The Hospital Experience - Control versus letting go
14th March, 20120 Comments
There is nothing like requiring hospital intervention and a stay overnight to really awaken our awareness about the amount of control that we really have. There is, I believe a fine balance between controlling and letting go of the outcome of our care - be it mental or physical health.
It is evident how much control we give to doctors who play an almost Godly role in the process. Without questioning or understanding fully what is required from us, we accept their diagnosis and follow their recommendations, however far fetched they might seem. From the moment we are admitted into their care, we feel safe, often letting go and blindly trust where we are being taken.
When exploring this further in relation to our work as counsellors it is important to be aware that from the moment a client steps into the counselling room for a session they often develop an immediate trust with the professional standing in front of them. They want advice on how they should lead their lives and what decisions they should make, how they should conduct their relationships and in doing so they are letting go and trusting.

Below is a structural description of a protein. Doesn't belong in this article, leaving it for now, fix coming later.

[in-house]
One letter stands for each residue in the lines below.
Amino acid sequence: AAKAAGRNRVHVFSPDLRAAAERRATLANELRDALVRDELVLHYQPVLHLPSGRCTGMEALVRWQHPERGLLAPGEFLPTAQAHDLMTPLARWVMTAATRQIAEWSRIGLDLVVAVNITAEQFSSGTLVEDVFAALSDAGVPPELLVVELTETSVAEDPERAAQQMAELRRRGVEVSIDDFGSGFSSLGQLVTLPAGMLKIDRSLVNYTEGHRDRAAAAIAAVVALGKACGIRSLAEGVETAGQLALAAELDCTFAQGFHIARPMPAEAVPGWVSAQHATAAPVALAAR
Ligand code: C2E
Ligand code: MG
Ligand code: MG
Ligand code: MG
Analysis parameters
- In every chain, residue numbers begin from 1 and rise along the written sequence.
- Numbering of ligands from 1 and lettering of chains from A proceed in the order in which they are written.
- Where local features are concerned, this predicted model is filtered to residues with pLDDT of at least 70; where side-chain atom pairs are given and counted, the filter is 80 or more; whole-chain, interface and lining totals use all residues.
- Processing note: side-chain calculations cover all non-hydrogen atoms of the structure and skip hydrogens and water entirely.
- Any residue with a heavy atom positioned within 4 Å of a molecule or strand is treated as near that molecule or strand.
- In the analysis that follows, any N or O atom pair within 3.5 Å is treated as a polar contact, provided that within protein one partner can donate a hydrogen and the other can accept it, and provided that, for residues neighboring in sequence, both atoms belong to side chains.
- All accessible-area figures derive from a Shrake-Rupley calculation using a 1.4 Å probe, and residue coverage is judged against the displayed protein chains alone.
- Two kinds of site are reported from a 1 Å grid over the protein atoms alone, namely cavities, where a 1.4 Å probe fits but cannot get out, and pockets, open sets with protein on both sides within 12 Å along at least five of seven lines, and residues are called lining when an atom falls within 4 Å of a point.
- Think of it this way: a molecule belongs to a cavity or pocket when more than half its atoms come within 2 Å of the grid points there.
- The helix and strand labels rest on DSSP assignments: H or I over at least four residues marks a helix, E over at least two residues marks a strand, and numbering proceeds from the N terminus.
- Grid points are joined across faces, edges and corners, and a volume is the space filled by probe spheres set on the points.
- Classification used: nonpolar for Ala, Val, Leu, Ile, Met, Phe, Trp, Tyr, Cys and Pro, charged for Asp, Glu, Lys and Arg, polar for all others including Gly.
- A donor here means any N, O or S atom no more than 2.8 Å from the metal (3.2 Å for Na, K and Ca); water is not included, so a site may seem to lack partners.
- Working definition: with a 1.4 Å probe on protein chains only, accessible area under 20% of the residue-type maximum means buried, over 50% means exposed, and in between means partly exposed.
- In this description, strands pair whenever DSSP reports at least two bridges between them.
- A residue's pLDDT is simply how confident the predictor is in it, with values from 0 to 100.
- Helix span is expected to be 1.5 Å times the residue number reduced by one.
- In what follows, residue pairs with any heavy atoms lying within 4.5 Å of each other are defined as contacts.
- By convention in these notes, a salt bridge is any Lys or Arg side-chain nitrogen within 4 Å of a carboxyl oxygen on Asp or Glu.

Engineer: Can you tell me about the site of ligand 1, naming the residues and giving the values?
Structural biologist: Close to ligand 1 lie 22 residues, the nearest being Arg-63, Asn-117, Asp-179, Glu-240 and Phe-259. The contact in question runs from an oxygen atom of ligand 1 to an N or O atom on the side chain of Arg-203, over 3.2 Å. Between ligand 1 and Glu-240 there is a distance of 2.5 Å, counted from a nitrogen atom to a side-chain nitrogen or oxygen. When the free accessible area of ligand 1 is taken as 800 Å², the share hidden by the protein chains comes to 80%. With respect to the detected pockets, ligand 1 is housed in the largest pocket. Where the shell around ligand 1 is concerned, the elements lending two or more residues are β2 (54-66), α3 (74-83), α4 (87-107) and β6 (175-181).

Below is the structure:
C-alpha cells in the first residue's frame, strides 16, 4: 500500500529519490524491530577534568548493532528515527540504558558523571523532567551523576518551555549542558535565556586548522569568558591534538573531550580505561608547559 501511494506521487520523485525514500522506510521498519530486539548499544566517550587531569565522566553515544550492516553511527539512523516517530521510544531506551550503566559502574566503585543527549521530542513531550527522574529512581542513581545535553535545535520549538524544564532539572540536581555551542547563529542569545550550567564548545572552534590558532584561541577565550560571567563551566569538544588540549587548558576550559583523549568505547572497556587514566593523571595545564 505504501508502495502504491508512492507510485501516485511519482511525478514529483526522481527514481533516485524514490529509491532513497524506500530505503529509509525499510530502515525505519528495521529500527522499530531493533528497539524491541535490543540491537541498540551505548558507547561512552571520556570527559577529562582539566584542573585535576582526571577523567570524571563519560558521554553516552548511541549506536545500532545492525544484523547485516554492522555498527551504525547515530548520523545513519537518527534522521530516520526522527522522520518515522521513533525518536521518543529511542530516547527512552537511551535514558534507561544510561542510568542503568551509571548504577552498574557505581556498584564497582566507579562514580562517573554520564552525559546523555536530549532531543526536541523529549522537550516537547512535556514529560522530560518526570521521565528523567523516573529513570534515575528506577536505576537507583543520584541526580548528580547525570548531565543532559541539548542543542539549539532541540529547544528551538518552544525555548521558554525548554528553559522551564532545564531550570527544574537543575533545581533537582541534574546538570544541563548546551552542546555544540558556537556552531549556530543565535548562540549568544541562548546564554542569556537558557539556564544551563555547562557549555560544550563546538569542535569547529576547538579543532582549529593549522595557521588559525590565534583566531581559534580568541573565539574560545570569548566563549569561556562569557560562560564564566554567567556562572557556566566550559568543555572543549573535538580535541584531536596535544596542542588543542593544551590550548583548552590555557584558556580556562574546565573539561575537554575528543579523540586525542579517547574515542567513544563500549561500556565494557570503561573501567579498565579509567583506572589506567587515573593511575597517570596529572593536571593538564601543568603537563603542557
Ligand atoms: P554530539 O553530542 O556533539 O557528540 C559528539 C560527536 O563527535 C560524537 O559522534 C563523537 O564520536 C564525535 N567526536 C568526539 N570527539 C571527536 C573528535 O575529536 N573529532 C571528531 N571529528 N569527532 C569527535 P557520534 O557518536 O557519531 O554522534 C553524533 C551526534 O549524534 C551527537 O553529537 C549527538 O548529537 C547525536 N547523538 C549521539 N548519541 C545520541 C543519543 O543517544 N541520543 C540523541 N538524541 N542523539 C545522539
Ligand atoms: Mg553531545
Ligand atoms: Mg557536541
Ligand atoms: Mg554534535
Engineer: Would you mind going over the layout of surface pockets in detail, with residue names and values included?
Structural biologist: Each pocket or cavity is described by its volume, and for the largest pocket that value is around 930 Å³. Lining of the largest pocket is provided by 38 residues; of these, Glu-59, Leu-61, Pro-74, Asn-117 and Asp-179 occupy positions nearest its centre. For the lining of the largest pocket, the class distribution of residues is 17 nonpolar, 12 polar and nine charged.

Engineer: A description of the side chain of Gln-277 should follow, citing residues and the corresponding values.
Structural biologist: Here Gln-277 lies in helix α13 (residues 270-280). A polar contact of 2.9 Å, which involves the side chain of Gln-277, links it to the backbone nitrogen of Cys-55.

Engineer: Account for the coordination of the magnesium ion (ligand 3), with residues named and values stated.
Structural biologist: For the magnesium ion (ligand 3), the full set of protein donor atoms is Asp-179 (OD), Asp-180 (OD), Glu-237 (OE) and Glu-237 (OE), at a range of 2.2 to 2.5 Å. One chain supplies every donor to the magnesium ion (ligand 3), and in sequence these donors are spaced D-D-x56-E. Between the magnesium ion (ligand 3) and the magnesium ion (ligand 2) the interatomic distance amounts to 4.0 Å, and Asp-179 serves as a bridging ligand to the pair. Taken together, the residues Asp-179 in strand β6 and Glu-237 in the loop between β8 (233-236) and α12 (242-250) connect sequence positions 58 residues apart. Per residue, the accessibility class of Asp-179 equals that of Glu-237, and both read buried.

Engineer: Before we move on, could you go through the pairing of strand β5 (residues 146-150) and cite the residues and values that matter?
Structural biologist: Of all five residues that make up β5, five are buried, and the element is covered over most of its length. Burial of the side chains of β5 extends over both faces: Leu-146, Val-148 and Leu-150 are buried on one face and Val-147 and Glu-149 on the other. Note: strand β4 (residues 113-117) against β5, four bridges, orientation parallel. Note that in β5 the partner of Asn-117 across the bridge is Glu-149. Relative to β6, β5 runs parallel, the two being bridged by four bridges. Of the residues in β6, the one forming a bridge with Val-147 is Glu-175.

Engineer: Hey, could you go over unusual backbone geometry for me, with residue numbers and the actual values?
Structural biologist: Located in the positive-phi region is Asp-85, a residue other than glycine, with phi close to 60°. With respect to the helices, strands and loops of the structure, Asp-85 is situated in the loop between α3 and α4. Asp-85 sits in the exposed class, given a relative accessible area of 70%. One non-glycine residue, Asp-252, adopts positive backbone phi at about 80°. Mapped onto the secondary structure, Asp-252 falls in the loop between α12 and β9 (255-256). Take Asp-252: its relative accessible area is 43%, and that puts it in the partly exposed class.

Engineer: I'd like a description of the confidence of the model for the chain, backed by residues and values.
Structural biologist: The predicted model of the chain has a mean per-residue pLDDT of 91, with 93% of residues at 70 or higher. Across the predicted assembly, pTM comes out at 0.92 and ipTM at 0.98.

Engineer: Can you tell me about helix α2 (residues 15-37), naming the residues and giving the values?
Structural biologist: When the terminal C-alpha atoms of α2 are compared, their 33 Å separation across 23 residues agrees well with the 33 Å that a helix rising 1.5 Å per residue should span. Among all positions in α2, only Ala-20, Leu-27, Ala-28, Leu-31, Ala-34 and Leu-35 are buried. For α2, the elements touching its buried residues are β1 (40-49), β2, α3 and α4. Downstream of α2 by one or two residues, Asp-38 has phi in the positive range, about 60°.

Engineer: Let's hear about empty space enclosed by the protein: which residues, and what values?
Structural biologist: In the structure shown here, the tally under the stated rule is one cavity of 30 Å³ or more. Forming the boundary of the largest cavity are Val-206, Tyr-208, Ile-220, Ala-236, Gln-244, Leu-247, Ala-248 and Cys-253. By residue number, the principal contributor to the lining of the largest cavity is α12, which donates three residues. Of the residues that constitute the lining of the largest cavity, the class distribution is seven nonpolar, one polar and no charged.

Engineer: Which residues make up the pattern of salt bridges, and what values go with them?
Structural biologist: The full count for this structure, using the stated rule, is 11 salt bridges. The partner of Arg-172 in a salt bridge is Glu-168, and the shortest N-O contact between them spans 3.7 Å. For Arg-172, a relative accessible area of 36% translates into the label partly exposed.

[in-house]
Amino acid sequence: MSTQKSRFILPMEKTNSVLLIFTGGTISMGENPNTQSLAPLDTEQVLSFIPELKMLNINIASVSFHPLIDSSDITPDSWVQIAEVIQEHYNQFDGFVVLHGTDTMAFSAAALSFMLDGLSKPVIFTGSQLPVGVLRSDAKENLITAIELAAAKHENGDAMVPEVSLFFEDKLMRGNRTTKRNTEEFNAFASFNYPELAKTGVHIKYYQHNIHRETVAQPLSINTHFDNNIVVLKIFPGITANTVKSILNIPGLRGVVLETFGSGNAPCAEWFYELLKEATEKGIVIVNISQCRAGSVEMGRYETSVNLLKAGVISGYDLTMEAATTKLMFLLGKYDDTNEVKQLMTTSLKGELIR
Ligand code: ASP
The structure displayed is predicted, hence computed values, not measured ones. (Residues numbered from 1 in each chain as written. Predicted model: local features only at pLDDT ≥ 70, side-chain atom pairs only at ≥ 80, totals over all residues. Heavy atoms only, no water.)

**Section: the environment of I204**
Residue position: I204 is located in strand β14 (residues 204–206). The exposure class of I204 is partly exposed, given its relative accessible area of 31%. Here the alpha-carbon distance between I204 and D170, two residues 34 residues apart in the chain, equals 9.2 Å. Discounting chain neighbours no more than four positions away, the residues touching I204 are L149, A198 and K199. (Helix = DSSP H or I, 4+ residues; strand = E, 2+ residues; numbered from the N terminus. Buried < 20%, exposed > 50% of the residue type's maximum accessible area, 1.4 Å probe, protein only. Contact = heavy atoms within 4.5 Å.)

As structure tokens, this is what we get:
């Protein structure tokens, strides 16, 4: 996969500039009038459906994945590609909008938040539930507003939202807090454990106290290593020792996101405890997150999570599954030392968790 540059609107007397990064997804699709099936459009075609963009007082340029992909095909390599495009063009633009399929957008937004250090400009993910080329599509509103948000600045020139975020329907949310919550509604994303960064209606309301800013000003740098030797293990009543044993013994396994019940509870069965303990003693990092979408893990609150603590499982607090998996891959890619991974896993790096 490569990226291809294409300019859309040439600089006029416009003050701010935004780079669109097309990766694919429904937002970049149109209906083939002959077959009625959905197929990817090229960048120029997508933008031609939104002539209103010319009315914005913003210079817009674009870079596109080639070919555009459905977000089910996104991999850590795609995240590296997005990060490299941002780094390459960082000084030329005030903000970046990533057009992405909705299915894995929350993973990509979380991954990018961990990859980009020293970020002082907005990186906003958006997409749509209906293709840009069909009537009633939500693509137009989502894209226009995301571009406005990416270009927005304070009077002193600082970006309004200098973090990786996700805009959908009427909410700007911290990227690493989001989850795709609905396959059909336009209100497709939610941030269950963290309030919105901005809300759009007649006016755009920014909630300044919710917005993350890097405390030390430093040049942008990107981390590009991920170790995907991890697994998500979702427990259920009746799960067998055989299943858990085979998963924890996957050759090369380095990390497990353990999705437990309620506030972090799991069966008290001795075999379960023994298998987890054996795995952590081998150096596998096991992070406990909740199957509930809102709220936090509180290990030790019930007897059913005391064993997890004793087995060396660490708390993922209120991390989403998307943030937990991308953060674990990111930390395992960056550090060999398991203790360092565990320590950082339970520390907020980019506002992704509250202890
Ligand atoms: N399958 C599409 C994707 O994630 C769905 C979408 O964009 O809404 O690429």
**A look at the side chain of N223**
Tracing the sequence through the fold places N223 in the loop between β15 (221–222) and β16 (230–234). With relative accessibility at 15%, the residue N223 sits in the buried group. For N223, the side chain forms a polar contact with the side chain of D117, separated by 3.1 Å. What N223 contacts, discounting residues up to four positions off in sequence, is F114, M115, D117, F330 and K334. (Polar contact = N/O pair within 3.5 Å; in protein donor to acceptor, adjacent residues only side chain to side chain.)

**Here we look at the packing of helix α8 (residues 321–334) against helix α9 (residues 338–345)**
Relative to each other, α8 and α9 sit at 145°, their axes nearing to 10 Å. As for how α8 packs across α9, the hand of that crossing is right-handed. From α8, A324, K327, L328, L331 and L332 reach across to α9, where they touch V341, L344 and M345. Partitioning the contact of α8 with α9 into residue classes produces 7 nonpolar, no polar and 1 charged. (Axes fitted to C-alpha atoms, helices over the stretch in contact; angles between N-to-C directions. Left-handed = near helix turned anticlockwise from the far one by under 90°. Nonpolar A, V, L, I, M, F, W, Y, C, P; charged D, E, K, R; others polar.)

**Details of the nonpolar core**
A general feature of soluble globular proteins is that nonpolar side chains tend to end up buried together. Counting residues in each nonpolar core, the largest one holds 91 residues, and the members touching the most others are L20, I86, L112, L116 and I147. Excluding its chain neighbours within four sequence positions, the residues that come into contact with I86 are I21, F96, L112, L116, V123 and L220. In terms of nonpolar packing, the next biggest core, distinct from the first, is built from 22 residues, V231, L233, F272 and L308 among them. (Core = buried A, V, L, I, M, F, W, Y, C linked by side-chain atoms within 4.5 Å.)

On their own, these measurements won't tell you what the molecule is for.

There needs to be a healthy balance between being involved in our own care and letting go when we need to. Our clients as well as patients find it difficult to understand that both doctors and therapists do not have all the answers. They are not perfect, sorted human beings and their role is not to play God but to support the client or patient. The answer ultimately has to come from them not from us. We purely facilitate a process of change.
The doctor might advise certain courses of action after a diagnosis but it is up to the patient to take a step further and decide what is best for them. This might take the form of conducting an appointment with another doctor or specialist for a second opinion. As well as this, asking the doctor why certain tests have been conducted. Although there is a certain amount that we have to ‘let go’, we also need to make informed decisions and be part of the process of our own physical care, not simply being led.
In the same token, whilst in Therapy a client is not there to be led by their counsellor. They are there to be part of the process of their own mental health. The client can question, explore, and change counsellor if they are not content with how the sessions are being conducted. It is all about behaving as autonomous clients and patients. It is easy to blame a doctor or counselor for getting it wrong, but we have to ask what part we played, a passive one following blindly in the direction we are given, or behaving as an independent person who is involved in the process. Ultimately it is all about balancing the control– Asking when we don’t understand and taking the steps to inform ourselves further, and letting go –Once we have made a decision or been fully part of the process, letting go of the outcome.
As clients and patients we need to understand that both sides are important – controlling and letting go, the key is not to slide to only one direction or the other, but achieving a healthy balance and taking responsibility for the outcome of our mental as well as physical care.
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